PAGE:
I was in Guatemala, and Rob [Oberdofer, bass] was down in South America. I think when you travel, especially to parts of the Southern Hemisphere, it really draws out the chasm between the haves and the have nots – the income disparity, and how that impacts how entire communities, cities, and countries go about. I was in places where people get rid of their trash by burning it. They take it to one spot, and they burn it all. Plastics and everything. And that’s legal! And it’s how you do it.

I can imagine that wouldn’t fly in Portland. 

[Laughs] Yeah, it wouldn’t, but a lot of things that fly in Portland are jaw-dropping in different ways.

How do you feel things have changed in Portland over the last years? I know you guys have expressed a sense that the city is overrun with commercialism – expressed throughout Something To Ruin – but do you see any positives to these changes? What are they?

You know, having lived in Portland since the 90s, I’ve seen it go through a lot of changes. I think that the one thing that a lot of people there appreciate are some of the aspects of becoming a bigger city; certain things are more accessible. It used to be that there really wasn’t a place you could eat in town after 10pm, which was always crazy to me, especially as I was kind of a night owl and wouldn’t get to bed until early morning, basically. It’s a lot different now.

Over the years there’s been such a creative culture there, and people gravitating towards the area for the same reasons that it has created this marketplace of ideas and creativity – which has been excellent and great! But I think it’s finally at that tipping point where it got so big that it became marketable on a pop culture level, and there are obvious symbols of that: TV shows named after the town, and all kinds of Food Network Guy Fieri coming out, and jizzing his little pencil-goatee-meathead-face all over everything, saying “Guy was here” and bla bla bla – you know, things like that.

I want to be clear: it’s not a matter of “oh Portland isn’t cool anymore” or “it’s so commercial.” It’s not about that. It’s about when the thing that makes a town great becomes monetized and then sort of placed on a shelf and sold back to the rest of the country, and people come out to buy that product – what ends up happening is that the culture that originated or played a role in originating what was once very genuine and not driven by a capitalist agenda find themselves confused and looking for their place of it all. They’re sort of unwillingly part of the commercial, and they’re priced out of it. They can no longer afford the thing they created. This is not about some hipsters saying [affects whiny, mocking voice] “oh, shell art isn’t cool anymore.” It’s about practicality and what now? How can I afford my rent? I’m not sure I can stay here anymore. And the energy is changing – there are a lot of people moving in because they can buy “cheap” houses, and making it hard for a lot of other people to live.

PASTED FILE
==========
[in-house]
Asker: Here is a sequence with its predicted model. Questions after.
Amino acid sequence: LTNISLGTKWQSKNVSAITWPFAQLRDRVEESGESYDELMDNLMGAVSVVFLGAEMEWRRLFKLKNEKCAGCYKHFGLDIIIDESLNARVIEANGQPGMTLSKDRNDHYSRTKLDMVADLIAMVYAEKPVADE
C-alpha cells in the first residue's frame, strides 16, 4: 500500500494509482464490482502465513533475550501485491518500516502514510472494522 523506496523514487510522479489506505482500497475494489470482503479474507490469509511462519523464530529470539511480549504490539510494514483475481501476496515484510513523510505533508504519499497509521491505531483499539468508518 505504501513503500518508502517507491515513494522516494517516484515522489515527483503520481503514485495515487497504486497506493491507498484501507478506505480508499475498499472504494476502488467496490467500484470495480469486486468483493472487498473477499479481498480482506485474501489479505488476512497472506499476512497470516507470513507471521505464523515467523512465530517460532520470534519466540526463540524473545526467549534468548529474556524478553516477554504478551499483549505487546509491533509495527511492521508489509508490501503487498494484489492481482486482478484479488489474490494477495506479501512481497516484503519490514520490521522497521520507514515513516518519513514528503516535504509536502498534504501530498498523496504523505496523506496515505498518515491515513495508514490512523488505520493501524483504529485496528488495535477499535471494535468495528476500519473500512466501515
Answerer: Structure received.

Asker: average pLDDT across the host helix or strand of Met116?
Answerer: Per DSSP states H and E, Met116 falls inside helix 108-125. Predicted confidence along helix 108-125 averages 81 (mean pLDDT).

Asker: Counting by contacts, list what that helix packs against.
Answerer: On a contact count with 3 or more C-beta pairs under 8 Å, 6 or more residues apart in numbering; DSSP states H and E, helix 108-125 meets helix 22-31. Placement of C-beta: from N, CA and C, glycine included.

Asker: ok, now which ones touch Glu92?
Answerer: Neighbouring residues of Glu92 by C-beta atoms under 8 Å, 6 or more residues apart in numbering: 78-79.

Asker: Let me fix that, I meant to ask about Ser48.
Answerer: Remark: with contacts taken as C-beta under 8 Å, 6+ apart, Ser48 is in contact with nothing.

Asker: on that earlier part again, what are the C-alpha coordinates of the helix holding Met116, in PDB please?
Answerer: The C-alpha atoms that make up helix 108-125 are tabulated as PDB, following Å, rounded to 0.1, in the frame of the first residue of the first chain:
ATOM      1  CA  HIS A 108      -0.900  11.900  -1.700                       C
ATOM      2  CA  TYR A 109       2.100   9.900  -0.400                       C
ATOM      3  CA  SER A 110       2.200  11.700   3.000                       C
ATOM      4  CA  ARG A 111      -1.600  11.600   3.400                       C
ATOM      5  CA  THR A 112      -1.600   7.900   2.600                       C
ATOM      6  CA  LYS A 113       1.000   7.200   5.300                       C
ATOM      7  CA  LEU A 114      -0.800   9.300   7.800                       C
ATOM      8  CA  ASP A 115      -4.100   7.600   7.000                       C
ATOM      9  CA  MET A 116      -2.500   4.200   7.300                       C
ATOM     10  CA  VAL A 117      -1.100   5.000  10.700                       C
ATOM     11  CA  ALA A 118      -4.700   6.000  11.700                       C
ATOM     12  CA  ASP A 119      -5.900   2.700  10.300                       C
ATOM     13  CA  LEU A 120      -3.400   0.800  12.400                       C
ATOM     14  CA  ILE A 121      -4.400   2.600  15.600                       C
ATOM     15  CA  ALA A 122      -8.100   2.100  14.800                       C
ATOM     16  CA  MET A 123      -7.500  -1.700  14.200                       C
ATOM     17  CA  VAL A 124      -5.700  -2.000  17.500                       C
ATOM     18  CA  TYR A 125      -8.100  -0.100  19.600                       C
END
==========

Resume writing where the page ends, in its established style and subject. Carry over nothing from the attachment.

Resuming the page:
A lot of these things resonate with D.C., quite a lot. I’m not sure how familiar you are with the rapid gentrification and whitewashing this city has seen in recent years, and in particular the neighborhood where DC9, the club you’re playing at, is in. It still has some remnants of being Little Ethiopia, Little Eritrea, but so many things have changed in the three-plus years I’ve been here. There’s benefits to it, but there’s definitely a sense of loss of what made this place special. Not saying I’m not part of the problem, in a way, but people come in and gut things. I mean, there’s a Warby Parker there now.

Yeah! It’s almost like you Disneyfy it or something. And you touch upon an important point: there are obviously many chapters of gentrification, and we – and the people in this band, and white people in general – come much later in the book in terms of the people who are impacted first and mostly.